Theme nights created to help enhance athletic events

By Mari Pothier |
Photo by Ryan Erlacher

The Flagler College athletic department is promoting a variety of theme nights this fall semester to help build more excitement and higher attendance numbers during games.

Ever since Jud Damon became the athletic director for Flagler College he said he has wanted to do promotional events with the athletic department, but never had the proper staffing to make it happen.

In January 2011, Ryan Erlacher was hired to be the assistant athletic director and director of compliance, and soon took on the challenge of marketing and promoting the athletic events.

“I was the one who said ‘yes I’d love to do these things,'” Erlacher said.

The purpose of the theme nights is to enhance the student experience as well as the student athlete experience to make sure everyone is having a great time when they come out to the games, Damon said.

“It’s all to get more people there and to have a great atmosphere at our home events,” Damon said.

During the summer Erlacher said he had to figure out how to promote and market the games. He decided on theme nights which would be events highlighting certain games and nights. Some of the theme nights include 80’s Night Throwback, Shut Out Night, Battle of the Peach “Camo Night,” etc.

But Erlacher is not alone in promoting these events. He has the help of the Sports Marketing Elite Group which is a new student initiated group on campus. The group’s main goal is to increase attendance at Flagler College sporting events. The group is open to any student in any major.

During the summer Erlacher, along with Brad Hernandez, who was his apprentice and a member of the Sports Marketing Elite Group, brainstormed and came up with all the theme night events and gave them catchy titles.

“We tried to come up with ideas that we thought we’d want to go to ourselves and would create that excitement,” Erlacher said.

The first theme night was Soccer in the Sand on Sept. 9th and it generated a lot of success. During the event they handed out leis, Hawaiian drinks, and even had decorations. Erlacher said that 577 people attended the game and he received excellent feedback from parents, fans and students.

“The main reason we’re doing this is because it’s different,” Erlacher said. “We want to try something different. We want to reach our students and I think by doing things like this we’re reaching them.”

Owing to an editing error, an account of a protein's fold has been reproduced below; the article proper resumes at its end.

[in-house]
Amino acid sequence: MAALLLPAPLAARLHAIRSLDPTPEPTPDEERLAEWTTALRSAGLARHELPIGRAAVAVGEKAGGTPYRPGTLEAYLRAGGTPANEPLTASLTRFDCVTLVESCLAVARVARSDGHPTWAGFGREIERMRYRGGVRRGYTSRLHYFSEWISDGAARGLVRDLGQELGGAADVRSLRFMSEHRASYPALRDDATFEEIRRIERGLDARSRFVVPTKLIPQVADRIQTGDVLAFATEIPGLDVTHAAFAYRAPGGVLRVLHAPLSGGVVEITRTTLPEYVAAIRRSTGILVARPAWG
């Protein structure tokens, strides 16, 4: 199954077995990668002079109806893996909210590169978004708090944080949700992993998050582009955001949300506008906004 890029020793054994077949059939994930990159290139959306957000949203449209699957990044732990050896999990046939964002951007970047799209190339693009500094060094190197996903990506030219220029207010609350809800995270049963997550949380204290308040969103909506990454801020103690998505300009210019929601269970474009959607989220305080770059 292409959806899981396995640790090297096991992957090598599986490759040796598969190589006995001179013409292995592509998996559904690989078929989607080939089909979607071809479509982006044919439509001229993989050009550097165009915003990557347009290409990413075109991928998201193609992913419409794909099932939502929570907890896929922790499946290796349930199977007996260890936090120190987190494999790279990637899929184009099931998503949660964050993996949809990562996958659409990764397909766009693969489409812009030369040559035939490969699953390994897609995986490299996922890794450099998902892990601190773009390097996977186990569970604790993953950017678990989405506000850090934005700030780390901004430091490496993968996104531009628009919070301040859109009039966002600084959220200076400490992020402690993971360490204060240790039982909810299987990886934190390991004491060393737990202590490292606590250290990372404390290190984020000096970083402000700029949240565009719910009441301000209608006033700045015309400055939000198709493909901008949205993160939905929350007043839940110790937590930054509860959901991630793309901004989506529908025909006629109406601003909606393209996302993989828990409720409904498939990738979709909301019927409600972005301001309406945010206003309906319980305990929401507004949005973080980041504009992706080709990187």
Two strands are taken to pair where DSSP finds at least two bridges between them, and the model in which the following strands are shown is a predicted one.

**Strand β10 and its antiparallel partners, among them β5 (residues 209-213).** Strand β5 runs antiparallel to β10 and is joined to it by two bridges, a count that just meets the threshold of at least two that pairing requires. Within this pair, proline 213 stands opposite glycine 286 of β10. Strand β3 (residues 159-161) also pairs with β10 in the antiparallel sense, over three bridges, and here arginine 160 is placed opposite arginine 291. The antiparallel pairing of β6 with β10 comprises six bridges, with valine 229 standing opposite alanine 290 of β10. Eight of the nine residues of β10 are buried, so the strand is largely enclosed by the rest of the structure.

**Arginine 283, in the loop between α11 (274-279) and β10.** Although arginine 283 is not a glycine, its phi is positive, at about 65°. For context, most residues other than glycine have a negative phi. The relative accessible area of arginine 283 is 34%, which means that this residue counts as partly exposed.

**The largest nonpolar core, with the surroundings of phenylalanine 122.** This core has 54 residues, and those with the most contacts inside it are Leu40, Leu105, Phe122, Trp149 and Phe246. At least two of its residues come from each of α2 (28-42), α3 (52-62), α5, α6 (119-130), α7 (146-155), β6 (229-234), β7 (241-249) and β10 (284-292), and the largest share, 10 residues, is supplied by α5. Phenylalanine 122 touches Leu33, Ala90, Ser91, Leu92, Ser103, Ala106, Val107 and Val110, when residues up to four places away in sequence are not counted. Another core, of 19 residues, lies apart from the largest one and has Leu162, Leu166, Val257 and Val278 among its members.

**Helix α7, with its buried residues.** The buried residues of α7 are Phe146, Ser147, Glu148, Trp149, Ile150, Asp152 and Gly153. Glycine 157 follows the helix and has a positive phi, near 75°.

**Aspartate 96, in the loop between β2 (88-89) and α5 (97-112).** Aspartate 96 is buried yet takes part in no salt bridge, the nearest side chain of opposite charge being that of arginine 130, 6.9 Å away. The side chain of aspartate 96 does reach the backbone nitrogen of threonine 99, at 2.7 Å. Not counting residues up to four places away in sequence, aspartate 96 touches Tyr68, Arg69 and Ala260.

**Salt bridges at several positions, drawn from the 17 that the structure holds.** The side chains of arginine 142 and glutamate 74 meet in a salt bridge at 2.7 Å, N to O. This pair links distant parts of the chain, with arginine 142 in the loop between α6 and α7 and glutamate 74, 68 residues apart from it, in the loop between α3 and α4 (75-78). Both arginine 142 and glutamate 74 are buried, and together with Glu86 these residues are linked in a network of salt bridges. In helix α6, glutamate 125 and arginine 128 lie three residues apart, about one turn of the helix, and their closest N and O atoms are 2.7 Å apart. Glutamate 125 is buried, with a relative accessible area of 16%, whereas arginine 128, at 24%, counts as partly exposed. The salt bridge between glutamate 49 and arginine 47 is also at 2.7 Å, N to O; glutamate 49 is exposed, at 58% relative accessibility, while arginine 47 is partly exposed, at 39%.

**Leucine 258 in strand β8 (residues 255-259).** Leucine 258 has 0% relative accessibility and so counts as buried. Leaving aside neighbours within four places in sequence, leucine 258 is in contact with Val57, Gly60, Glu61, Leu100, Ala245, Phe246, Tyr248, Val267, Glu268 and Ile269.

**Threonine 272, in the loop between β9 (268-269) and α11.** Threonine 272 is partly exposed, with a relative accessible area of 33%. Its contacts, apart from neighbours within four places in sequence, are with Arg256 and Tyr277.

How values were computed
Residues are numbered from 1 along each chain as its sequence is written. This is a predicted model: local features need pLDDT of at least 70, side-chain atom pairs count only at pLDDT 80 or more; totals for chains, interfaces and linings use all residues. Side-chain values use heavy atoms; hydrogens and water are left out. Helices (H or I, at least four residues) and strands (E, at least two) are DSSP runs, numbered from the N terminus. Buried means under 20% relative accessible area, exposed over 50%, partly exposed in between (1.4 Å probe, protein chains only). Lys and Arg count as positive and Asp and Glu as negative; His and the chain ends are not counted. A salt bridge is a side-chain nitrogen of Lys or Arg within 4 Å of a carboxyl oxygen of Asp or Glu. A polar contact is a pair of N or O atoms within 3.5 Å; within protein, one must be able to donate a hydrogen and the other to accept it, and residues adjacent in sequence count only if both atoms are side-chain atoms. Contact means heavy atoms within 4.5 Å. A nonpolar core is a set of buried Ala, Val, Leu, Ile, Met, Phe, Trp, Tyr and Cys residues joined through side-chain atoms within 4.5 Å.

On Saturday, Sept. 17th, Damon said the men’s soccer game against Francis Marion only had 127 people attend, which is far less compared to the 577 that came out for the theme night.

“That tells me we did a good job,” Damon said regarding the theme night.

But Erlacher stressed that they want every game to have great attendance, not just the theme nights.

Erlacher said he uses a lot of methods to promote and spread the word about the various theme nights. He has flyers hanging all over campus, sends out emails, puts information of the Flagler facebook account, has banners, uses word of mouth and has flyers hanging on St. George Street.

“We want it to be that you’re tired of seeing our flyers because that way you know what we’re doing,” Erlacher said.

The athletic department, Damon said, also wants the theme nights to help get people who are not normally interested sports to come out to the games and enjoy themselves.

But for Nichole Carrubba, a senior religion and communication major, the theme nights are not going to make her more interested in going to the games.

“I can’t really get into sports,” Carrubba said. “In the end it’s just a game.”

But head coach Taylor Mott and her volleyball team are excited to participate in the events. She also said she hopes that it will bring more people out to the games.

“Hopefully we can make some fans out of people that may not have already been fans,” Mott said.

The next theme night events are 80s Night Throwback, highlighting the volleyball team on Sept. 30th, and Shut Out Night, highlighting both the men’s and women’s soccer teams on Oct. 1.

“We just want it to be a great time for people and it’s to create awareness, it’s to create excitement,” Erlacher said.

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